This happens when we arrive at the consequential point of Debt Saturation relative to economic growth.

THIS IS THE PROBLEM WE NOW FACE, BUT KNOW ONE WANTS TO TELL YOU!

SITUATIONAL ANALYSIS

1- Debt growth now takes away from growth

2- Since the US is not a CLOSED economy and in fact is the world's reserve currency, money created by the Fed does not necessarily stay in the US.

In fact Quantitative Easing has presently ignited a massive global US dollar carry trade.

To put the above into perspective we need to understand that Money or more specifically Credit prior to 2008 had been growing not just through the banking system regulated by bank regulators but rather through what is referred to as the Shadow Banking System.

The Shadow Banking System as the prime pusher of toxic debt instruments collapsed in the 2008 financial crisis and so far it simply has not re-emerged in some sort of hybrid fashion.  The Federal Reserve desperately needs this to happen and this has been another reason for the Fed's "Extend & Pretend" policy. Extend & Pretend was not only to give the economy time to rebound and push asset prices up (helping book collateral values), but also to allow asset appreciate to re-ignite a new and improved Shadow Banking System. It simply is not happening fast enough.

Here is the latest figures from the Federal Reserve's Flow of Funds report for Q4 2010. The report was startling since Q3 2010 was even worse than thought after final adjustments were made.

We had aQ4 2010 decline of $206.4 Billion in Shadow Banking liabilities with $440 Billion in combined Shadow and Conventional Banking System Liabilities.

This almost guarantees that the Federal Reserve must continue QEX.

THE SHADOW BANKING SYSTEM IS NOT RETURNING

THEY CAN'T STOP THE CRUMPLING BAD DEBT

It will take too much printed money by the Fed, created so fast, that the collateral fallout damage would be economically fatal.

Even the TRADITIONAL Banking System is shrinking on a M3 basis (it is no longer reported)

CONCLUSION

The collapse of the Shadow Banking is not resulting in the degree of asset deflation you might expect because the assets deflating are what has been referred to as toxic debt. The underlying basis for these instruments is real estate which is correspondingly being stopped from collapsing by the halting of Mark-to Market and other Fed sanctioned accounting gimmickry. Meanwhile the offsetting Money creation by the Fed is flowing into equities and bonds. This is creating the asset inflation that the Fed wants and needs.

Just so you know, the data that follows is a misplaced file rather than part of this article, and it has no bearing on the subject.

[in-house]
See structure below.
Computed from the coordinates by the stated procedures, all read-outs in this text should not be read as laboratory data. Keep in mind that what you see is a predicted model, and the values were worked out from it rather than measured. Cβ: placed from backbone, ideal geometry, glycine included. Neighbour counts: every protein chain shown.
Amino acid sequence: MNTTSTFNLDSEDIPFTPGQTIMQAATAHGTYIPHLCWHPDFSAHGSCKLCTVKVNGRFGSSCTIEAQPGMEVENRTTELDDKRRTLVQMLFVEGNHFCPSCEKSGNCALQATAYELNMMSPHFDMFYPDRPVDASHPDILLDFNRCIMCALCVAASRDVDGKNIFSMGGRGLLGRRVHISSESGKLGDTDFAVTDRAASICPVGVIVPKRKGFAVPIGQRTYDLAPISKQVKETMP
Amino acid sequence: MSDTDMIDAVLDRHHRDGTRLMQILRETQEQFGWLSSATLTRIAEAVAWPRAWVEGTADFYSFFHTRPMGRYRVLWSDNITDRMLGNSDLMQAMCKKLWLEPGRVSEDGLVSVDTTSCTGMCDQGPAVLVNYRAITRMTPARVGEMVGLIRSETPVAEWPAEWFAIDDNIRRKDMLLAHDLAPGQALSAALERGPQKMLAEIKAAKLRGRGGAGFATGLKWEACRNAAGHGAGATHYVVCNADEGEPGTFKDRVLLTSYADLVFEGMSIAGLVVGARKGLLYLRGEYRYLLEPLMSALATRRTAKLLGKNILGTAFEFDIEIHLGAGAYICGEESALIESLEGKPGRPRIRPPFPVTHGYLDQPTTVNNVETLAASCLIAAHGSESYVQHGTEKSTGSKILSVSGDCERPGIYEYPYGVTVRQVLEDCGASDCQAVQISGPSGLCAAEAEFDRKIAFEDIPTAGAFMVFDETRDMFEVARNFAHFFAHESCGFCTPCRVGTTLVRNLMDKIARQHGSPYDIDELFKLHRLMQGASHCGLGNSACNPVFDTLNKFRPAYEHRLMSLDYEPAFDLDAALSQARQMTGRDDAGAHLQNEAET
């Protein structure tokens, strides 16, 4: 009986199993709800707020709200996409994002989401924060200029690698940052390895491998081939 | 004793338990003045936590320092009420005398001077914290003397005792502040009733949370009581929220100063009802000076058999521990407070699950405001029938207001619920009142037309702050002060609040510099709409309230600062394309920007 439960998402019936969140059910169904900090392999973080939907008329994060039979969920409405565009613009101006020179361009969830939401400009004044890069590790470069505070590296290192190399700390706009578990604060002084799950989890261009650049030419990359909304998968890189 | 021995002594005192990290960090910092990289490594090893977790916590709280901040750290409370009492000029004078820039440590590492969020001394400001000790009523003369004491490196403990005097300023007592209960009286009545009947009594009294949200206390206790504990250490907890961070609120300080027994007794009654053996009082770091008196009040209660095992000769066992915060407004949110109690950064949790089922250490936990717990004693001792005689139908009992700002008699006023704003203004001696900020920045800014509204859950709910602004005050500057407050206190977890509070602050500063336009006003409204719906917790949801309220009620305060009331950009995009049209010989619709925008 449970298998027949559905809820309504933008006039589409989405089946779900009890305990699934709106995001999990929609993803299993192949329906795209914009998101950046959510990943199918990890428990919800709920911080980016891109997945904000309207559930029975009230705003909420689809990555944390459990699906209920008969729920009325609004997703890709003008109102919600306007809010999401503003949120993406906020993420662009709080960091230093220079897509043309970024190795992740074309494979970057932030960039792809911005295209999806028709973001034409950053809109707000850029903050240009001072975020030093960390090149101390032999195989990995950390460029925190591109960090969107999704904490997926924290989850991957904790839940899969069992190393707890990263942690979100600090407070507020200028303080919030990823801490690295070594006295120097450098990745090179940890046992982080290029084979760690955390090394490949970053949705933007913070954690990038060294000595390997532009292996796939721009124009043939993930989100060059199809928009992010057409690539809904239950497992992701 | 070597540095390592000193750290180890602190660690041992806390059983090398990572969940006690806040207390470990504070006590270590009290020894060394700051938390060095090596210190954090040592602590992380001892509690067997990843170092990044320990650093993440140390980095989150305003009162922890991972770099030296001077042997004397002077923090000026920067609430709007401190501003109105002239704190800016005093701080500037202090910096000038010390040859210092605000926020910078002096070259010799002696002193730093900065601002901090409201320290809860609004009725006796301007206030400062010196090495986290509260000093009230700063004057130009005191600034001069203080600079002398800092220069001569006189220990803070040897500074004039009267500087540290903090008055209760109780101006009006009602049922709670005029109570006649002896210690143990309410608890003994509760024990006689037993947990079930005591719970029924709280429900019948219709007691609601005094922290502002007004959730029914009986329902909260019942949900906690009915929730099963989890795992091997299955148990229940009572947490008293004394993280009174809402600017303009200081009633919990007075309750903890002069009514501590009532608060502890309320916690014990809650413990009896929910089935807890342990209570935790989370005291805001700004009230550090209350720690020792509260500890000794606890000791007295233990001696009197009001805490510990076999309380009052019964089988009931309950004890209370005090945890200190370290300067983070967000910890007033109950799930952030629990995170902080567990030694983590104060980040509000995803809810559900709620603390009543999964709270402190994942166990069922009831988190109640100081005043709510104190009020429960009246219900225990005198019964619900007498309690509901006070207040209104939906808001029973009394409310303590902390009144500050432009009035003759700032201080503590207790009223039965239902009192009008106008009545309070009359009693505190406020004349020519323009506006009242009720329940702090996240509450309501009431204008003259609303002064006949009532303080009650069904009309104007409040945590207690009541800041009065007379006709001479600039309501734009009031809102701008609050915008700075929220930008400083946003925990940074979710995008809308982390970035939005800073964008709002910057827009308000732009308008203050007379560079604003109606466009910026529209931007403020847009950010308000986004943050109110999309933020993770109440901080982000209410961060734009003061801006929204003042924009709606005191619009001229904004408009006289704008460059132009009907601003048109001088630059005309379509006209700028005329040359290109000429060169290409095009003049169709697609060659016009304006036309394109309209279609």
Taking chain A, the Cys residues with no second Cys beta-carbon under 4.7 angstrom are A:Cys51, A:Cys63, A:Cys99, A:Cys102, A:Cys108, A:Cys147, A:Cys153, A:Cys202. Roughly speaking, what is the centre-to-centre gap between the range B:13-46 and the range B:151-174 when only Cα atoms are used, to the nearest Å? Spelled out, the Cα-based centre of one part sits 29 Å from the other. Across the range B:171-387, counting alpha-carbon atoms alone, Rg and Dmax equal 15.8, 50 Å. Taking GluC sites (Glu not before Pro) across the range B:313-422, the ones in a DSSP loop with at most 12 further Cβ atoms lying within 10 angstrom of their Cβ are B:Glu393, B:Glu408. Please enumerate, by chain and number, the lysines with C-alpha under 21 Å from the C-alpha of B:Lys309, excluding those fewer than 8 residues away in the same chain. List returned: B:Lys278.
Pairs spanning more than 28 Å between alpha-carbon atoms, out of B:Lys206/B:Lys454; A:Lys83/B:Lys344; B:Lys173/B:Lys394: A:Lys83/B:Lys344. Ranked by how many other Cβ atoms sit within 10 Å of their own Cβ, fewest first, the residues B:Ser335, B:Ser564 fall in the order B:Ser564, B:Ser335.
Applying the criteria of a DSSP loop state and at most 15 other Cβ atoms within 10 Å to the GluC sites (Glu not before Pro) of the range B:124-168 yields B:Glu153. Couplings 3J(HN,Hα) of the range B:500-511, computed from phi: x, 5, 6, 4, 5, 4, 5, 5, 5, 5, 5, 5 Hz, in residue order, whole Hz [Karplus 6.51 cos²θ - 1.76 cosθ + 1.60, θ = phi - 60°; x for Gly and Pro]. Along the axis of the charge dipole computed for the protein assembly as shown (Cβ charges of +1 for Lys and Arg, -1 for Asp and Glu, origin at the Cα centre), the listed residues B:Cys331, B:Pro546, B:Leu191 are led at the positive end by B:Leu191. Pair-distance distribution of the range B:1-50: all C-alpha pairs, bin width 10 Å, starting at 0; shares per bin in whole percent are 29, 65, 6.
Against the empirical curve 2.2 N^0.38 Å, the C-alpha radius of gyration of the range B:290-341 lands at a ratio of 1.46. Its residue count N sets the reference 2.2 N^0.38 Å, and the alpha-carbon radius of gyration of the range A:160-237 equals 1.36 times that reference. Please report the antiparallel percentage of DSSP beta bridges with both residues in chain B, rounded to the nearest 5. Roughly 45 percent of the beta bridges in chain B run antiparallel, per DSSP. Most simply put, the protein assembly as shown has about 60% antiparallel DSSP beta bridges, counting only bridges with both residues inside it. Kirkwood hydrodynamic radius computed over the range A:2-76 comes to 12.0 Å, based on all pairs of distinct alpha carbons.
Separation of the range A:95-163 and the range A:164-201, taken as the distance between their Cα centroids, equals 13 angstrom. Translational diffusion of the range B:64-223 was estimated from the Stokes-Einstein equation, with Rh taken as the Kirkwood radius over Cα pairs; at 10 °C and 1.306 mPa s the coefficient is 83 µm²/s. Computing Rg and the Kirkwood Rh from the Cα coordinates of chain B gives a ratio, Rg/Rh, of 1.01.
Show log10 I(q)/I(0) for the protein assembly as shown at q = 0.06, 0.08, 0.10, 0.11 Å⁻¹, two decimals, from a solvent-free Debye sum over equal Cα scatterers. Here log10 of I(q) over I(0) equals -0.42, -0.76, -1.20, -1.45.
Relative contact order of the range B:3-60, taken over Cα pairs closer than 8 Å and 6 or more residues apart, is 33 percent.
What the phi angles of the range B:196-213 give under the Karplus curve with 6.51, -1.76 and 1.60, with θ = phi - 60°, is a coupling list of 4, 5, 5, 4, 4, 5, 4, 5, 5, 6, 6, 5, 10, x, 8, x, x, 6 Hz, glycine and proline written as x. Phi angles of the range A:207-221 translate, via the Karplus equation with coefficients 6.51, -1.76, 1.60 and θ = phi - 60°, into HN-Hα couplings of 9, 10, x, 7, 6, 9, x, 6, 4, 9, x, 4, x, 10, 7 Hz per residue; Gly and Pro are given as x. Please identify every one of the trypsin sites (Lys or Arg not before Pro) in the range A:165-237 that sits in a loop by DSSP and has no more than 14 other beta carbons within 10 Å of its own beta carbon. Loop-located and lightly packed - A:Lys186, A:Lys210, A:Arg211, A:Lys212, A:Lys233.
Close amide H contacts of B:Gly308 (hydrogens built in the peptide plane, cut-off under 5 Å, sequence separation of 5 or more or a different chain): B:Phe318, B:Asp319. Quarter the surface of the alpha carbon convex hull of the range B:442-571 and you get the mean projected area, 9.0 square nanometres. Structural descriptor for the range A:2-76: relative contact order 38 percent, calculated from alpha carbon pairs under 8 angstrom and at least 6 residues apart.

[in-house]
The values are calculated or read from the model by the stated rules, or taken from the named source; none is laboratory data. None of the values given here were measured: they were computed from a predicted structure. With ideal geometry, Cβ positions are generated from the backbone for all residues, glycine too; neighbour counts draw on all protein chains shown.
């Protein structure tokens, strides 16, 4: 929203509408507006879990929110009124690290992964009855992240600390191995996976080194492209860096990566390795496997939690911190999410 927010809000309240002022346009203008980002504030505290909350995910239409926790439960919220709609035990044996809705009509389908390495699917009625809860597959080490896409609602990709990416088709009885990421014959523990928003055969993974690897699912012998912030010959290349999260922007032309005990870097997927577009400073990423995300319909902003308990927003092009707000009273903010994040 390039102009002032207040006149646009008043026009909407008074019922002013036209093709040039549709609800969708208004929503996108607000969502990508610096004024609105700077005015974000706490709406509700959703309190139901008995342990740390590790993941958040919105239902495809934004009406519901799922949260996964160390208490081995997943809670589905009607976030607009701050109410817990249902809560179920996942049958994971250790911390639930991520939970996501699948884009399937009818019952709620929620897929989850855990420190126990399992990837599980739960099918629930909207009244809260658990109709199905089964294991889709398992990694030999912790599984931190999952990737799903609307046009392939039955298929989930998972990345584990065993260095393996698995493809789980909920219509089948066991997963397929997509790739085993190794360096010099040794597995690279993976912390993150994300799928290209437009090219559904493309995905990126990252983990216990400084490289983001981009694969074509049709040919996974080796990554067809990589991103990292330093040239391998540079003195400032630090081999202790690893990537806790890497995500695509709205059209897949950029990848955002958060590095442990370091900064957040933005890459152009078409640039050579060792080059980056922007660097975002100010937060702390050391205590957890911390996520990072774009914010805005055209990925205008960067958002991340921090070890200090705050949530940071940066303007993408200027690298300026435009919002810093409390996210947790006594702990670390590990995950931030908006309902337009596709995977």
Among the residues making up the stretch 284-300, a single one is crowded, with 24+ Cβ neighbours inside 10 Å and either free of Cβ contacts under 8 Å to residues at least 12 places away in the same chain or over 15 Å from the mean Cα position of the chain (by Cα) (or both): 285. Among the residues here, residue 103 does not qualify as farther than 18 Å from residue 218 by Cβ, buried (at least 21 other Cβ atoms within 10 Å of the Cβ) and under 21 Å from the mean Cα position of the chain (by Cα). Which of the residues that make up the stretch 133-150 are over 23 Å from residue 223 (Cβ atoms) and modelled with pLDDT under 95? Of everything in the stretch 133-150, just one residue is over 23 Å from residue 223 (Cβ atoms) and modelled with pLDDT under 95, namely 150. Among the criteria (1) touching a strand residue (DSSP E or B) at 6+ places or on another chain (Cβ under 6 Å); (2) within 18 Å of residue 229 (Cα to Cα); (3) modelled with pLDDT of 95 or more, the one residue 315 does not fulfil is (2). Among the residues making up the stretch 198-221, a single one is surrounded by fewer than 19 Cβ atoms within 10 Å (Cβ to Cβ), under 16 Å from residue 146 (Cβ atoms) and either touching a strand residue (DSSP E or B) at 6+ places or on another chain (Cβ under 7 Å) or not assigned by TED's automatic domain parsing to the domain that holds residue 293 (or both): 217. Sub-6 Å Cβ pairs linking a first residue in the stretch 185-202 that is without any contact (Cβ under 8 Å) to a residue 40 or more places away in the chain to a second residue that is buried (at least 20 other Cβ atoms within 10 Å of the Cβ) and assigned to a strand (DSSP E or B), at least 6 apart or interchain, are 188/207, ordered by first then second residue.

A major problem for the Fed is not just being able to generate the amount required to offset the Shadow Banking System erosion, but also the rate at which the it can realistically make this happen. The Fed needs to buy more time.

Unfortunately there are other major problems that are boxing them in.

DEBT SATURATION

Global growth has been pushed to the level of a desperate high octane race as a result of one bad public policy after another.

Exponential money growth has resulted in excess global capacity, underutilized production capabilities and unprecedented levels of mal-investment.

Everything that even hints at a slowdown or problem has continuously been met with rapid additional money supply expansion. The result is a global economy that can no longer absorb new debt at the same or faster rate and is burdened with existing debt payments that are simply  not fundable without ever shrinking interest rates or easy roll-over banking covenants.

At nearly zero interest rates and slowing growth we have a potent cocktail for an economic disaster.

JOB CREATION & REAL ECONOMIC GROWTH

We additionally have a global crisis of job growth to match population employment needs.

Schumpeter's creative destruction is operating at full throttle with the internet and Information Technologies continuously obsolescing untold jobs worldwide.

Manufacturing through major process changes, supply chain integration and robotic automation has reinvented itself over the last 15 years. Gone are the days of thousands of factories employing thousands of people. Today it is hundreds of factories employing hundreds of people with thousands wanting to work there.

Yes China was the recipient of many of the 46,000 factories that left America but they employ much fewer people than they did when they were in the US.  China has 30 million people a year leaving the rural farmland looking for factory work. India, Malaysia, Indonesia, etc face similar problems. There are not enough new factories needed to fill this requirement. This is deflationary in nature until the base commodity increases of manufacturing outstrip labor and capital cost savings.

New technology companies like Bio-Tech employ one tenth to one hundredth the employees that were employed during the computer communications technology era of the 80's and 90's. Higher education is required in these new industries and there is a much higher number of Master and PhD workers. However, the growing numbers of thousands of students with advanced degrees can't all be jammed into these too few corporations.